If you are unable to locate the appropriate office listed above, please send the complaint in writing directly to the Criminal Section at the following address:
Civil Rights Division
U.S. Department of Justice
P.O. Box 66018
Washington, D.C. 20035-6018
Q. Is there a cost involved in making a complaint?
A. There is NO FEE required to file a complaint.
Q. What help can I receive if I am a victim whose civil rights have been violated?
A. During the course of a federal criminal civil rights investigation, the victim may be eligible to receive compensation and other assistance provided through various local government and private agencies. Each state has eligibility requirements for receiving compensation, usually requiring that the victim promptly report the incident and cooperate with the police and prosecutors. In general, victims may be compensated for medical and mental health treatment, funerals, lost wages, and crime scene clean-up.
These programs have been established in every state and receive federal grants from a fund consisting of fines paid by convicted defendants nationwide.
Q. Can a victim receive monetary compensation as the result of a criminal case?
A. If a defendant is convicted as the result of a federal criminal civil rights prosecution, the government will ask the court to order restitution to be paid to the victim where it is permitted by law and appropriate to the facts of the case.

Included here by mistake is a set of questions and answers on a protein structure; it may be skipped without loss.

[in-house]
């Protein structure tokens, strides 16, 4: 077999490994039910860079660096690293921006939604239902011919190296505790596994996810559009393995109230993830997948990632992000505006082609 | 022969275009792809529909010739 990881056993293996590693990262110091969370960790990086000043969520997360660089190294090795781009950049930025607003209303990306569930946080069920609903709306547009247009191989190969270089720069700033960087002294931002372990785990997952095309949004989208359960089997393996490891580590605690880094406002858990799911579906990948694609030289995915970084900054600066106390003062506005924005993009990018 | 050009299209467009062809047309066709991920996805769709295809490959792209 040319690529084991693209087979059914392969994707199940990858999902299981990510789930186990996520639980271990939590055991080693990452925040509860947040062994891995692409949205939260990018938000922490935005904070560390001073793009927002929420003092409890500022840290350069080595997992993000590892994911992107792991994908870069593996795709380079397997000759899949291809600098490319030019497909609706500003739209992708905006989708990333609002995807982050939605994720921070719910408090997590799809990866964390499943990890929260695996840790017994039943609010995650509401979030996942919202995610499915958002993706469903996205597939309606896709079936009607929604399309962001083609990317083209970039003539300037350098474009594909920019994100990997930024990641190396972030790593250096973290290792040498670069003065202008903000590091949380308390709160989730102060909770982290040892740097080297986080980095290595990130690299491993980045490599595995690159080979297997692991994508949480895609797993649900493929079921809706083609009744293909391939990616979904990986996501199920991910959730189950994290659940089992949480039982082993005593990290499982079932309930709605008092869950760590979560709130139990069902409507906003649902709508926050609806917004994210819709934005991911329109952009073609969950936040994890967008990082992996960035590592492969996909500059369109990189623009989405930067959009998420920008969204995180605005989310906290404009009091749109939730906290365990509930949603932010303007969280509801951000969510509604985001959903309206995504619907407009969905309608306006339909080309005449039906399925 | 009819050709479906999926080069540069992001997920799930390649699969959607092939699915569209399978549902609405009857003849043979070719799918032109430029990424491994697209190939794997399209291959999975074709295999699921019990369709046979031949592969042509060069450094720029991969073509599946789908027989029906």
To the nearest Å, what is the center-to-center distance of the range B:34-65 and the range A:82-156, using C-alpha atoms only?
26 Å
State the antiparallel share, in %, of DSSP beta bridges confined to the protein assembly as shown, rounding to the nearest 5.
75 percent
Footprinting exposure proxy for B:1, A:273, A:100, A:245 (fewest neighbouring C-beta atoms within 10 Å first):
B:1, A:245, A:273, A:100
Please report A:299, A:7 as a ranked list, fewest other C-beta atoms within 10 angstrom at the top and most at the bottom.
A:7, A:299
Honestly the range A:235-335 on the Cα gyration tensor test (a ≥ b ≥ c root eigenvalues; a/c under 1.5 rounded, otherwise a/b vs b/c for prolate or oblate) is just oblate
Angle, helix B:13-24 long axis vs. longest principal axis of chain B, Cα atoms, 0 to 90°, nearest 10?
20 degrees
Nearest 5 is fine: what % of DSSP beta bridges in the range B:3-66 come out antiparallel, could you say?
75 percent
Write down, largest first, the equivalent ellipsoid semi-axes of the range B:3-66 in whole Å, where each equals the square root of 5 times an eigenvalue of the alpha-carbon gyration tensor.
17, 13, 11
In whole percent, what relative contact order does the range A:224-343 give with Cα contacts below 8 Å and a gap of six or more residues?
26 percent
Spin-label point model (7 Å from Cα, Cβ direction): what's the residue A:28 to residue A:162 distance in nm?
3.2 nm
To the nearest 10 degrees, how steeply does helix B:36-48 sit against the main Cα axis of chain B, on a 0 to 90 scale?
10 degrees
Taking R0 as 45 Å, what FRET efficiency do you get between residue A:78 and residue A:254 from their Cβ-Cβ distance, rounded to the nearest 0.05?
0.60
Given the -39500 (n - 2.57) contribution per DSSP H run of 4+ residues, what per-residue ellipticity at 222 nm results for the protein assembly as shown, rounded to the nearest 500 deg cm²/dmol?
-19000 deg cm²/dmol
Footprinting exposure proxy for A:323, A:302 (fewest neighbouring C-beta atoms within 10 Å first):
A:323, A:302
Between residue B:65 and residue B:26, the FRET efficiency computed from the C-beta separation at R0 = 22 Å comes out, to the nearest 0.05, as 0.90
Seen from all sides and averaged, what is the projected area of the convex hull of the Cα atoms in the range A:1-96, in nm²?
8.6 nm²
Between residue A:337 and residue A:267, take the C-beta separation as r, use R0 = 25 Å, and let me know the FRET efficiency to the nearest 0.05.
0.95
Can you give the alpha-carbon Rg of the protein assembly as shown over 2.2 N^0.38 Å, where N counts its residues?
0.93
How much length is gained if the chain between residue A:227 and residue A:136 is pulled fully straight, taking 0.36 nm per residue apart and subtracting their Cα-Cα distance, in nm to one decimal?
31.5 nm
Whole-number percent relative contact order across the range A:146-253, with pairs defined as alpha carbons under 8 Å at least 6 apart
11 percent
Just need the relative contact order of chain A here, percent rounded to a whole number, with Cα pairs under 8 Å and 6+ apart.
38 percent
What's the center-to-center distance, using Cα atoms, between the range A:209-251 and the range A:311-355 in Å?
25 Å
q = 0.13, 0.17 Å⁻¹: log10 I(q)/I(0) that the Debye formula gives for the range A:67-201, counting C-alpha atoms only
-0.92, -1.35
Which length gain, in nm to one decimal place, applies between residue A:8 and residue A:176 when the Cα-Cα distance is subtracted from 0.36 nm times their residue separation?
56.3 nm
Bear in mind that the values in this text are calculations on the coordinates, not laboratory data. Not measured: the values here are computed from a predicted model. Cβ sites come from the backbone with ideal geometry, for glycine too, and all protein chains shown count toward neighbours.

Q. Will the federal government represent me in a lawsuit against the defendant?
A. The United States government cannot represent a victim in a civil suit arising out of a criminal civil rights violation. Victims may contact a private attorney to pursue a civil action even if there has been a federal prosecution for the same incident.
Q. Do all federal criminal civil rights violations require racial, religious, or ethnic hatred? If not, what does “color of law” mean?
A. Official misconduct and slavery cases (such as police beatings and migrant worker exploitation) do NOT require that the law enforcement officer or exploiter have acted out of hatred for the victim because of the victim’s race, national origin, color, or religion. However, there are several laws that do require that the unlawful acts be based upon such a discriminatory motivation. These include housing and religious interference or acts intended to prevent an individual from enjoying certain federal rights (voting, employment, use of public facilities or access to health care [gender]).
“Color of law” is a legal term used in official misconduct cases. It means that the law enforcement officer acted while abusing the authority given to him or her by reason of his or her employment as a public official.